Thursday, June 2, 2011
Homeowner May Be Liable for Shooting of Neighbor’s Cat—C.A.
Court Refuses to Limit Damages to ‘Fair Market Value’ of Former Stray
By SHERRI M. OKAMOTO, Staff Writer
The First District Court of Appeal has revived a Central California man’s lawsuit against a neighbor for damages arising from the alleged shooting of his pet.
Div. Three explained Tuesday that Kevin Kimes could recover the reasonable and necessary costs of care to his cat, Pumkin, attributable to the injury purportedly inflicted by Charles Grosser, as well as punitive damages, if a jury finds the injury was intentional.
Kimes claimed Pumkin was shot by a pellet gun in 2005 while perched on a fence between his property and that owned by Grosser. He contended the shot which wounded Pumkin was fired from Grosser’s yard, and that Grosser was responsible for the “willful and malicious” shooting.
Emergency surgery costing $6,000 saved Pumkin’s life, but left Pumkin partially paralyzed, and Kimes said he incurred an additional $30,000 in expenses caring for his pet because of the injury. He filed suit to recover the amounts he paid for Pumkin’s care, and punitive damages.
Motion in Limine
Grosser filed a motion in limine to exclude evidence of the costs of caring for Pumkin, who he described as “an adopted stray of very low economic value,” on the theory that liability was limited to the amount by which the shooting reduced Pumkin’s fair market value.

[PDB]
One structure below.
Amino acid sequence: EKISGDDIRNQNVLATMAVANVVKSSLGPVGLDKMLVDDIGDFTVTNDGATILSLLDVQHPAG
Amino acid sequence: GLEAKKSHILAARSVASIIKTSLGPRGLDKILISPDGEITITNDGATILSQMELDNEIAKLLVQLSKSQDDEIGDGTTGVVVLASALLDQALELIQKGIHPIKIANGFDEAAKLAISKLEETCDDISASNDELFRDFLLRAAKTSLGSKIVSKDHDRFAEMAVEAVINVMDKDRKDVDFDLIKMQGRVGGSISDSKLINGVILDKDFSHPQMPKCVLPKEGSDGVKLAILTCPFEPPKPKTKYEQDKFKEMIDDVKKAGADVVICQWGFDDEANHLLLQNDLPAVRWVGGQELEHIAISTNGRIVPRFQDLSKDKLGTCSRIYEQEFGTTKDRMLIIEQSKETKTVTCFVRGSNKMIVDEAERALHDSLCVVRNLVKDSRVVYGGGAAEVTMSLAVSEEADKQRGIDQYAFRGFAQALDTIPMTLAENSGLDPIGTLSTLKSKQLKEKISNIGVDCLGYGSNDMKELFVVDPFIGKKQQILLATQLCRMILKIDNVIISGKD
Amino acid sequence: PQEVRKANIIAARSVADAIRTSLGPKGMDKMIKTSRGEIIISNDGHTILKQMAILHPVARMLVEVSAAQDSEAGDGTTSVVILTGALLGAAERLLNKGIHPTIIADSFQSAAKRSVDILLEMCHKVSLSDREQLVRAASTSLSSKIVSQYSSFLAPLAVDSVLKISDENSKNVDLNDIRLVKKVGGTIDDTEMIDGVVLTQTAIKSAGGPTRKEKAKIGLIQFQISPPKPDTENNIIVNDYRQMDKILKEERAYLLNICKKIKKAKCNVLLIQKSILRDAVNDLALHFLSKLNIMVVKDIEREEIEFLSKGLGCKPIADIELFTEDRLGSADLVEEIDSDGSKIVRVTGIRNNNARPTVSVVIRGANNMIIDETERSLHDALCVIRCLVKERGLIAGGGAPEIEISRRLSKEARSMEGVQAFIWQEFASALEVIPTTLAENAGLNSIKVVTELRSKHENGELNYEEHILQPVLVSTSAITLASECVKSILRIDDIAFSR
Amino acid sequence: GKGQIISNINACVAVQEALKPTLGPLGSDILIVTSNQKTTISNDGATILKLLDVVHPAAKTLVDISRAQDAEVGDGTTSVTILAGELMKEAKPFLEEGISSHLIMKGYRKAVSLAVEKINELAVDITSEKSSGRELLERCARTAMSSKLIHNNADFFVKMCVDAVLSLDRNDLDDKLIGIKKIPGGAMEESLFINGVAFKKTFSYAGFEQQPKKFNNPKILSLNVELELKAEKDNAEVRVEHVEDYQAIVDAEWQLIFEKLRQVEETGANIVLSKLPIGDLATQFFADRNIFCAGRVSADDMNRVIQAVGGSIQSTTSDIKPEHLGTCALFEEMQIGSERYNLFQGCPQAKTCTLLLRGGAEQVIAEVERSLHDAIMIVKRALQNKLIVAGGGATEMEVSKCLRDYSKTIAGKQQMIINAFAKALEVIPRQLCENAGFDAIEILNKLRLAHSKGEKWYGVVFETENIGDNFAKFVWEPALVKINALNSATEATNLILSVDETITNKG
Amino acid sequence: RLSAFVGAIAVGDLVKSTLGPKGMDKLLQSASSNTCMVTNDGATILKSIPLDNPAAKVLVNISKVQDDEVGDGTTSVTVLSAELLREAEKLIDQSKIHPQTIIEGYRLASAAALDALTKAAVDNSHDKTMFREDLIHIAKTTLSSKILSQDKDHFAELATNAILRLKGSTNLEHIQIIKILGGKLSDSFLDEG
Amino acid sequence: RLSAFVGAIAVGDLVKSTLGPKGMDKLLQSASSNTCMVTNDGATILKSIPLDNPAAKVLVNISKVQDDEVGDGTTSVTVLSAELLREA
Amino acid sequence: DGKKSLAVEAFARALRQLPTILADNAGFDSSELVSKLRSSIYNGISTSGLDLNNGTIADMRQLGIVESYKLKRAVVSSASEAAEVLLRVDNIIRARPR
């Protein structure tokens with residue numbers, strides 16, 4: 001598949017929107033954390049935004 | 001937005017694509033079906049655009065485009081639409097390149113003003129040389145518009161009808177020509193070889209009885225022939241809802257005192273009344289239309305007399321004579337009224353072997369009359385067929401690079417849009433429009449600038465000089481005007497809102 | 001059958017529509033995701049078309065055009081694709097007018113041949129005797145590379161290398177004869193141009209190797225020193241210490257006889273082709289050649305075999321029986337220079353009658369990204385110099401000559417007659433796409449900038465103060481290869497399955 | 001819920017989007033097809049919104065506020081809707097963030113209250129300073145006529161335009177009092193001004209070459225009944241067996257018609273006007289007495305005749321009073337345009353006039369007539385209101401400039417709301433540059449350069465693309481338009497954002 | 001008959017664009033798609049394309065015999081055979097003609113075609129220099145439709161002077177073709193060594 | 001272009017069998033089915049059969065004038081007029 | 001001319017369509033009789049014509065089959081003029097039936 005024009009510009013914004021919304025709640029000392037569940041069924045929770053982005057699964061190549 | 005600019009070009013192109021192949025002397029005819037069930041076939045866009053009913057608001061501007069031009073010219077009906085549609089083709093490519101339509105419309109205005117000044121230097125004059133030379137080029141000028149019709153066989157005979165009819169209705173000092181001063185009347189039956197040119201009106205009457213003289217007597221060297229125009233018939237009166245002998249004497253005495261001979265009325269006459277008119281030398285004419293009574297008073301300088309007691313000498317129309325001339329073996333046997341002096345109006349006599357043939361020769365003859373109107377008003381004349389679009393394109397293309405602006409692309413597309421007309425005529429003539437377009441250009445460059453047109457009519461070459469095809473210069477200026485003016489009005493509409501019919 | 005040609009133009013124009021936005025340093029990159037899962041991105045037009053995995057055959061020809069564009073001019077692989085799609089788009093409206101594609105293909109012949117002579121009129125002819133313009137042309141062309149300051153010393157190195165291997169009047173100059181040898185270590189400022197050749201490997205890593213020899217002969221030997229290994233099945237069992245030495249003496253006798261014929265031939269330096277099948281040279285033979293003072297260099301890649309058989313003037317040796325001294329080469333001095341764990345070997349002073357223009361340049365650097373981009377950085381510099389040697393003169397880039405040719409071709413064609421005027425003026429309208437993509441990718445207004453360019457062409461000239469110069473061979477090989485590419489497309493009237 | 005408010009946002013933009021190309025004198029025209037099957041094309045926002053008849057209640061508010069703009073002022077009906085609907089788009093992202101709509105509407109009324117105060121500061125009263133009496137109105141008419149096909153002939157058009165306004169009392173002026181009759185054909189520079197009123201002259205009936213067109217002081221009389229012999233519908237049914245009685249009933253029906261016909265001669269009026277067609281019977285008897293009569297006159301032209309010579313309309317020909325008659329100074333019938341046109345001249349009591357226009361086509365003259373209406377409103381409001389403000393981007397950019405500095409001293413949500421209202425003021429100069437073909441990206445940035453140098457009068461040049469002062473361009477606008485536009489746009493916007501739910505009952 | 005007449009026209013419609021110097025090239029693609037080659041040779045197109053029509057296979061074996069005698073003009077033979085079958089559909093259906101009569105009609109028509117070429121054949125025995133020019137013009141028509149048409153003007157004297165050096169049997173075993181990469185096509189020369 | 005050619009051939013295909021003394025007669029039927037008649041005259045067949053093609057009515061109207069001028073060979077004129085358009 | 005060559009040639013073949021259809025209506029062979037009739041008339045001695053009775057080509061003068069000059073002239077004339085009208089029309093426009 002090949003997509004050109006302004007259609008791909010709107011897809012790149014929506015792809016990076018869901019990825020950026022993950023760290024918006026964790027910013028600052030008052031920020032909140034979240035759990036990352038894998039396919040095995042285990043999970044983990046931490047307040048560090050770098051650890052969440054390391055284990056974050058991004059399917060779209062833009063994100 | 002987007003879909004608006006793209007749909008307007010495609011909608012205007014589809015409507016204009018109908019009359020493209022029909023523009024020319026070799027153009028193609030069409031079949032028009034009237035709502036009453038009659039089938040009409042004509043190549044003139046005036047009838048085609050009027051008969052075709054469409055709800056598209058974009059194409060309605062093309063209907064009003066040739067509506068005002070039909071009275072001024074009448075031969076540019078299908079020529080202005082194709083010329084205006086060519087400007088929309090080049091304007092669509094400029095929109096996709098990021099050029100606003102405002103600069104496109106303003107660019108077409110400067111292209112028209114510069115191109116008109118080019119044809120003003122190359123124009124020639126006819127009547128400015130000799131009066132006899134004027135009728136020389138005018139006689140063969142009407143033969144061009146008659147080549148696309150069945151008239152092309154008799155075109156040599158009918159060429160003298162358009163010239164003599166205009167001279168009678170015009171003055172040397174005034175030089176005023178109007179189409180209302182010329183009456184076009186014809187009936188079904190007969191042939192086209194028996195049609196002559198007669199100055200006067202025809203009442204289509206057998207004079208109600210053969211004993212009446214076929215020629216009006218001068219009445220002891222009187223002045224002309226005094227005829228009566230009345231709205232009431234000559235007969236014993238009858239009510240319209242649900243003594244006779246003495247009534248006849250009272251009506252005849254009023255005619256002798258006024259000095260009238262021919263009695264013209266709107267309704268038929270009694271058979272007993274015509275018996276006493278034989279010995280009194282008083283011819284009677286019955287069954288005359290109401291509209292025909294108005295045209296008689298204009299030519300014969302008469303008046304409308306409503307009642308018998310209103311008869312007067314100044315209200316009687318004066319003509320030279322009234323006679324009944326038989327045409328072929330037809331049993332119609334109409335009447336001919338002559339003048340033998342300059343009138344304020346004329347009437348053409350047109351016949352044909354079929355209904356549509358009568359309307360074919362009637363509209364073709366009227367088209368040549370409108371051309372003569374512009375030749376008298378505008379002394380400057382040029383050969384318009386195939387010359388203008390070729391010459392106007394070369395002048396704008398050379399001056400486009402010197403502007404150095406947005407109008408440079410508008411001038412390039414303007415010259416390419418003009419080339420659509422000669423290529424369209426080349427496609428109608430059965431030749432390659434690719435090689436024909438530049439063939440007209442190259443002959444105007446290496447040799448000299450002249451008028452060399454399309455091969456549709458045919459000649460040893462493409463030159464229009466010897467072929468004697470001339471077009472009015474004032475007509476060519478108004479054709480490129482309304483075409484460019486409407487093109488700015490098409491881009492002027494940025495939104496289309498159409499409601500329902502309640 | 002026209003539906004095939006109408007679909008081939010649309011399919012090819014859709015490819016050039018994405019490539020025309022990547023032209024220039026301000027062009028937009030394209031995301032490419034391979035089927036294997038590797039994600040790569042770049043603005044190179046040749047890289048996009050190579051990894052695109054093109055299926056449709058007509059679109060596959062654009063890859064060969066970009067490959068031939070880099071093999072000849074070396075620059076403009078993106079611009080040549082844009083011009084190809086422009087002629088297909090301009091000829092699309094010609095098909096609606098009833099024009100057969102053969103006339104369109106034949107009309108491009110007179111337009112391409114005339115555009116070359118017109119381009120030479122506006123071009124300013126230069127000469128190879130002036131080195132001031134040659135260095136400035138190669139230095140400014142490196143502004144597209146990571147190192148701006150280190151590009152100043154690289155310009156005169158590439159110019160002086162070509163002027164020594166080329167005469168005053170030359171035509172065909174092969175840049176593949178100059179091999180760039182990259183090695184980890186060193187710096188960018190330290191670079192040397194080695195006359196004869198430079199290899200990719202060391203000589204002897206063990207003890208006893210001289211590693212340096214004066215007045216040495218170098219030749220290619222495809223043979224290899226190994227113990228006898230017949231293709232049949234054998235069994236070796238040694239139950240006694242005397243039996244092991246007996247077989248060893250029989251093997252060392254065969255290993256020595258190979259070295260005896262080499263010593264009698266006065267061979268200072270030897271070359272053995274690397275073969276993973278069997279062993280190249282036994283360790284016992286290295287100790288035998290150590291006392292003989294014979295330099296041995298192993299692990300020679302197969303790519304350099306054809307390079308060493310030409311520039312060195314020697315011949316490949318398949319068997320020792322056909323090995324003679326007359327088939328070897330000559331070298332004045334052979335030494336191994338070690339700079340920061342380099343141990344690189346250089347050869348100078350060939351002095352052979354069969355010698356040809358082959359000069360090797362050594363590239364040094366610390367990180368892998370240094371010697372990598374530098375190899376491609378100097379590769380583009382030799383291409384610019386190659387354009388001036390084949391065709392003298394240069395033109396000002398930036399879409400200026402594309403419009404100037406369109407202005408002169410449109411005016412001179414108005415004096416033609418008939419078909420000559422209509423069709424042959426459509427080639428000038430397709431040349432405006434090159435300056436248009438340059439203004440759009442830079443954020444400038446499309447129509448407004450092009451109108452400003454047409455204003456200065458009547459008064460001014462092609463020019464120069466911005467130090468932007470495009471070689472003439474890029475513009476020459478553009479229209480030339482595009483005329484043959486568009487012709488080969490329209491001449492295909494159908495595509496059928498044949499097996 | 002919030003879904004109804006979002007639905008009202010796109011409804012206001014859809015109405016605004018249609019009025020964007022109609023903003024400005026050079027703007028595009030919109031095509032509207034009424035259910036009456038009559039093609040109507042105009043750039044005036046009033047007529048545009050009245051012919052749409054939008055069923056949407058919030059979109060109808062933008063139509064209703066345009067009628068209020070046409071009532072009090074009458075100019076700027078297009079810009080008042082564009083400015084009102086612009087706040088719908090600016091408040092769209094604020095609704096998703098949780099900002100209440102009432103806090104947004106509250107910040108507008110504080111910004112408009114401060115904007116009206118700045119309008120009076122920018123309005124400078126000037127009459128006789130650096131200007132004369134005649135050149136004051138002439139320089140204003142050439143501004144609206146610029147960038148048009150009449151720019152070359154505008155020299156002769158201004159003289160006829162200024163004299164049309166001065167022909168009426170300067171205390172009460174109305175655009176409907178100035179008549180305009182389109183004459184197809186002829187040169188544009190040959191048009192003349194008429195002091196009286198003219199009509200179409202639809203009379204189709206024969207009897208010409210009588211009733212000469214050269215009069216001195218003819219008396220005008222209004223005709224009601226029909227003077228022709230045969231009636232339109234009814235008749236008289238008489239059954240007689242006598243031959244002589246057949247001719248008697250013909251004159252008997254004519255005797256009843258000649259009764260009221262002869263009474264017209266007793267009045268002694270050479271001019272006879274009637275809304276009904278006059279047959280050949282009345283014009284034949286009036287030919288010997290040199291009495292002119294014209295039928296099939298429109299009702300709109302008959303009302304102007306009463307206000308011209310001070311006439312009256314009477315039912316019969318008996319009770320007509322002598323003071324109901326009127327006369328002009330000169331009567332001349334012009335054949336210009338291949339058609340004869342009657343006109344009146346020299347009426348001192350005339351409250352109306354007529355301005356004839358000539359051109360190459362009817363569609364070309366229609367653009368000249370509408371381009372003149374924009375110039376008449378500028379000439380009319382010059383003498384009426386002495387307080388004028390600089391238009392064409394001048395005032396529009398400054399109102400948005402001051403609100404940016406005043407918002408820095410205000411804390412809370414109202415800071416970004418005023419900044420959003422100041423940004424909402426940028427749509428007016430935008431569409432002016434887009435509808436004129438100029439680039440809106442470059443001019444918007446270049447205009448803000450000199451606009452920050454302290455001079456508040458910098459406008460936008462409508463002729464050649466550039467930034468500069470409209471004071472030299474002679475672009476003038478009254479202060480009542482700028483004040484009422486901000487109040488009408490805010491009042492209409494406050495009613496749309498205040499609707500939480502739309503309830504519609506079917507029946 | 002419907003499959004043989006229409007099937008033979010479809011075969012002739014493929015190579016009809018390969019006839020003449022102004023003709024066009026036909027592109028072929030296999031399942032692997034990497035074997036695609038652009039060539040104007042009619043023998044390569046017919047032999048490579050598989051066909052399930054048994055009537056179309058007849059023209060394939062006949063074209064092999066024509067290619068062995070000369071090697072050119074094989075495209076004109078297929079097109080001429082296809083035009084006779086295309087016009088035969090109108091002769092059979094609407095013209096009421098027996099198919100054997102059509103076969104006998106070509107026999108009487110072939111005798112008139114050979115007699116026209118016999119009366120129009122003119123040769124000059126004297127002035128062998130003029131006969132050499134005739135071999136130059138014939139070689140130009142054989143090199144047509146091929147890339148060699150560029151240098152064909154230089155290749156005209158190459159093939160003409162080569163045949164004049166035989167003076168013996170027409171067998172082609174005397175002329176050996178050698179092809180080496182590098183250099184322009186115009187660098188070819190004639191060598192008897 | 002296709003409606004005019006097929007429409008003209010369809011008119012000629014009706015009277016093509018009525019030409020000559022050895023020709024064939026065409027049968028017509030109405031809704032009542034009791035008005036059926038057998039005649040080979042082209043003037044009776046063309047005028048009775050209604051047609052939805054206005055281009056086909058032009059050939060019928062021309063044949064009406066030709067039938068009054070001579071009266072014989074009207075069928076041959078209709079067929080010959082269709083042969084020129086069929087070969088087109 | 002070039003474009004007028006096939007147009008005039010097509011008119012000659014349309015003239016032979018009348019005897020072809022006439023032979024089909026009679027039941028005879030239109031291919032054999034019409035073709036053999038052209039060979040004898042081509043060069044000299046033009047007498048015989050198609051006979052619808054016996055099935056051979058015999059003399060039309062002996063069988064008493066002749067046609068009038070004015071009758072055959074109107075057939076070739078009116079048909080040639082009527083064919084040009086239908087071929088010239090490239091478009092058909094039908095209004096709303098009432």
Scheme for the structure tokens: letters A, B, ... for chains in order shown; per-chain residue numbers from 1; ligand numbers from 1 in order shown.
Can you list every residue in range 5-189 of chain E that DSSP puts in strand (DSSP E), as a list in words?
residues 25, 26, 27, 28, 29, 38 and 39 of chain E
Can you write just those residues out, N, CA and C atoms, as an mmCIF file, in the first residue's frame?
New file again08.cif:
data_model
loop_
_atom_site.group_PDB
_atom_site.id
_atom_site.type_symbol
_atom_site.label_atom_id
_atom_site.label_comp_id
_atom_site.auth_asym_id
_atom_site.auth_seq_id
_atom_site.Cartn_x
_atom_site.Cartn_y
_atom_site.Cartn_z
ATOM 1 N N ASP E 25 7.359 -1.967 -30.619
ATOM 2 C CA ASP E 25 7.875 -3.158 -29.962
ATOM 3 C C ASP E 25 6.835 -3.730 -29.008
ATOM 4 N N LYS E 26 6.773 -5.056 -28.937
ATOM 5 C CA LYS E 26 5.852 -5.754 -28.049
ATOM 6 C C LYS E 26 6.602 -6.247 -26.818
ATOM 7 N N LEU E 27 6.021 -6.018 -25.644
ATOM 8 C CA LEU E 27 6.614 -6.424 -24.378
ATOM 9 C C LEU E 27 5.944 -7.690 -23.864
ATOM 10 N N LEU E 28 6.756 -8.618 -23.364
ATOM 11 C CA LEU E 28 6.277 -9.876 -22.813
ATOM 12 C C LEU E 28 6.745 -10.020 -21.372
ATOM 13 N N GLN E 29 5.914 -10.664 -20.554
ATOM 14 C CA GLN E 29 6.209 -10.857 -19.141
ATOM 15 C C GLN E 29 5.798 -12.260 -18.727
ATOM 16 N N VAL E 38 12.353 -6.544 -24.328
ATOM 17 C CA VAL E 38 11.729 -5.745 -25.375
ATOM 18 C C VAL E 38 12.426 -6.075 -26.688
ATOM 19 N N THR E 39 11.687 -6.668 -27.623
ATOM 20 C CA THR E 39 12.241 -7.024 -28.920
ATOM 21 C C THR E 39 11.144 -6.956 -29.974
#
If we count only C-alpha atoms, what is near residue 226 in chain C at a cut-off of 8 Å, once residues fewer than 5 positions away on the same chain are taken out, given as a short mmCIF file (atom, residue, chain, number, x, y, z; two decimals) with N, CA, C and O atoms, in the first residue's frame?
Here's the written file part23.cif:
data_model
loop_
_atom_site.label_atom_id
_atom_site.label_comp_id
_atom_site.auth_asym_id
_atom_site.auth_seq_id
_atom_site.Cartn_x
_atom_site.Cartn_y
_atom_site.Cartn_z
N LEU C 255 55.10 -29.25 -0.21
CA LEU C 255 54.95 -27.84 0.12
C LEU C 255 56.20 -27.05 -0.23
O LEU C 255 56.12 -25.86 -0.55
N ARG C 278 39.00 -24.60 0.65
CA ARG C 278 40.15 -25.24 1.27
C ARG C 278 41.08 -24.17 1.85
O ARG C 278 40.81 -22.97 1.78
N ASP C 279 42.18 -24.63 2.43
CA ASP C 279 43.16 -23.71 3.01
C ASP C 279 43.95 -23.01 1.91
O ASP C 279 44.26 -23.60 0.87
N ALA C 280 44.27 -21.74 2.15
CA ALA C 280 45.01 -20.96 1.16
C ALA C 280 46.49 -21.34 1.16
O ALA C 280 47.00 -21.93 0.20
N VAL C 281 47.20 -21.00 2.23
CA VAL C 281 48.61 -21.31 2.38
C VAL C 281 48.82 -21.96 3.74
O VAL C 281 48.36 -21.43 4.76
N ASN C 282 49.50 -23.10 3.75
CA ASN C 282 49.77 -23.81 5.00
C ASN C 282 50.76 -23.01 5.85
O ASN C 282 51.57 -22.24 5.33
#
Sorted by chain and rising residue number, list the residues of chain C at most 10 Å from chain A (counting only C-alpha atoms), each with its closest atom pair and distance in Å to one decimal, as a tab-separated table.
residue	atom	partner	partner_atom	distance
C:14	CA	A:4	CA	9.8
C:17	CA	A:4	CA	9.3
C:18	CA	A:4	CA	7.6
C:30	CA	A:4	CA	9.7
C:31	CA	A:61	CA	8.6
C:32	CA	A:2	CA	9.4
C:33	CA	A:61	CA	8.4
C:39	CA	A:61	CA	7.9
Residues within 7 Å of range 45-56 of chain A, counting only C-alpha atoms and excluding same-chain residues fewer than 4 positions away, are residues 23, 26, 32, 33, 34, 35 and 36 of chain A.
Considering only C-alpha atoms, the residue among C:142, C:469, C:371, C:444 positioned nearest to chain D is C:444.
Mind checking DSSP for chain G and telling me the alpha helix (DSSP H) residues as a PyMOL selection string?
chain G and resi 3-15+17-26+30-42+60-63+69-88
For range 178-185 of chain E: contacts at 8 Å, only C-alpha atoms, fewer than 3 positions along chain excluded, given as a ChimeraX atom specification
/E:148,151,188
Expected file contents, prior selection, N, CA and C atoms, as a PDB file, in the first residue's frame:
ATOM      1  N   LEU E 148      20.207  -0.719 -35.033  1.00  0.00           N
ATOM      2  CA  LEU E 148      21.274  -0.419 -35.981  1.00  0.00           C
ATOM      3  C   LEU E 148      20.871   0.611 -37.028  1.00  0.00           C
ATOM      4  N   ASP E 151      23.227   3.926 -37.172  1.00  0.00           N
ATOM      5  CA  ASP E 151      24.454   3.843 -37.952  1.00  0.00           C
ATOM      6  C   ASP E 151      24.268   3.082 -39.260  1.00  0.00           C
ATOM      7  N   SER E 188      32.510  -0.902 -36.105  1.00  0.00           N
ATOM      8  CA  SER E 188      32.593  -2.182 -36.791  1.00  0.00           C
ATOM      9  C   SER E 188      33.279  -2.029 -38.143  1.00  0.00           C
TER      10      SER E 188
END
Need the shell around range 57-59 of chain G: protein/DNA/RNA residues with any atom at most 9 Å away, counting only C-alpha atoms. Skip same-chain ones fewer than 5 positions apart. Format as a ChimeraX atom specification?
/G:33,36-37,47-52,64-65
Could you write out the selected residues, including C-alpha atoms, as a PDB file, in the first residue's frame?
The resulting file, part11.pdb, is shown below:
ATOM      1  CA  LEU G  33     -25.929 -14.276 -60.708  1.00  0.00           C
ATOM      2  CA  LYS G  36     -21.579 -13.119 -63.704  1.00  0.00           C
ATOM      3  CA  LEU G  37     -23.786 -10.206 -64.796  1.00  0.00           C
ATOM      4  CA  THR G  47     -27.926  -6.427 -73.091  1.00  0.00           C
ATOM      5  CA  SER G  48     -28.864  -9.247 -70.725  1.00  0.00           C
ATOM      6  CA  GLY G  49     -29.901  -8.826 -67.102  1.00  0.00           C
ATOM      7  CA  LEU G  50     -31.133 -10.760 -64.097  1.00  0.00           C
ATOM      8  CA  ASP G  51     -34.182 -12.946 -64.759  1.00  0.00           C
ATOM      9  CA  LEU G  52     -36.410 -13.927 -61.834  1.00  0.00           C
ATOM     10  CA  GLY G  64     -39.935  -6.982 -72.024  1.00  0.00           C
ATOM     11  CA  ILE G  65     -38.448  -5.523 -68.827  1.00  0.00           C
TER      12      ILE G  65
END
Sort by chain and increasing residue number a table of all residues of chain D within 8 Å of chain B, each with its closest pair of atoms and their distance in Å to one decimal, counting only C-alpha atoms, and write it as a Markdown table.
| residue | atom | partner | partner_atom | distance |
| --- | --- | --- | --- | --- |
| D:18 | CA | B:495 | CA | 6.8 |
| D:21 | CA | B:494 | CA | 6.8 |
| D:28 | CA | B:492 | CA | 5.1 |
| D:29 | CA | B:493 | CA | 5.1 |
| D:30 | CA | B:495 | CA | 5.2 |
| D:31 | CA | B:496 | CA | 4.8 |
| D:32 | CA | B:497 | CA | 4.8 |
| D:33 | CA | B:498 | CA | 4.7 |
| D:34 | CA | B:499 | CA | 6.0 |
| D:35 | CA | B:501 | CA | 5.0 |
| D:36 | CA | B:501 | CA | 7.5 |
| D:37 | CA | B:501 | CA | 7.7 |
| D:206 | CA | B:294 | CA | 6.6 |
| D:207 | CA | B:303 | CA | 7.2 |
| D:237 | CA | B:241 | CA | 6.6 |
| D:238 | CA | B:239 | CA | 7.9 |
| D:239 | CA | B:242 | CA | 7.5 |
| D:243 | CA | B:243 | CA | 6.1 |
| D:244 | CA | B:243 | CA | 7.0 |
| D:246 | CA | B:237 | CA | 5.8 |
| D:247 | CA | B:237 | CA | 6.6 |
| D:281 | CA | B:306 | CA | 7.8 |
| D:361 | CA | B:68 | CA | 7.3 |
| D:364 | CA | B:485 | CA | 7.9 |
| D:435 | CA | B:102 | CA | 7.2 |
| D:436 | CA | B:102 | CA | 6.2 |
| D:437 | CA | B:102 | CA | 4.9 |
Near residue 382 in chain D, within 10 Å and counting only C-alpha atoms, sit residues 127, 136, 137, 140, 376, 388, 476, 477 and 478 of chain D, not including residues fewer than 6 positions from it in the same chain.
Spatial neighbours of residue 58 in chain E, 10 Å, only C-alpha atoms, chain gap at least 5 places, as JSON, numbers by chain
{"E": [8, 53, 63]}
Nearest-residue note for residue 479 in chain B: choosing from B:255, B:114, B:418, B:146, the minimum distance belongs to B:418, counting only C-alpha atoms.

After Contra Costa Superior Court Judge Barbara Zuniga granted the motion at the onset of trial, Kimes declined to proceed, effectively conceding that Pumkin had no market value that justified the expenses of trial.
Presiding Justice James J. Marchiano noted that pets are considered property of their owners and CACI No. 3903J addresses the damages that can be recovered for injury to personal property.
This instruction states that, if the property “cannot be completely repaired, the damages are the difference between its value before the harm and its value after the repairs have been made, plus the reasonable cost of making the repairs,” but “must not exceed the [property’s] value before the harm occurred.”
Marchiano reasoned, however, “the rule in CACI No. 3903J has no application in this case to prevent proof of out-of-pocket expenses to save the life of a pet cat.”
He emphasized that Kimes “is not plucking a number out of the air for the sentimental value of damaged property” but rather, “seeks to present evidence of costs incurred for Pumpkin’s care and treatment by virtue of the shooting” to provide a rational measure of damages apart from the cat’s market value.
“Under Civil Code section 3333 plaintiff may present evidence of the bills incurred to save the cat’s life and is entitled to recover the reasonable and necessary costs caused by someone who wrongfully injured the cat,” Marchiano said.
At trial, Kimes “is entitled to have a jury determine whether the amounts he expended for Pumkin’s care because of the shooting were reasonable,” and Grosser is entitled to counter with “evidence why the costs were unreasonable under the circumstances,” Marchiano concluded.
Justices Sandra L. Margulies and Robert L. Dondero joined Marchiano in his opinion.
The case is Kimes v. Grosser, 11 S.O.S. 2870.
Copyright 2011, Metropolitan News Company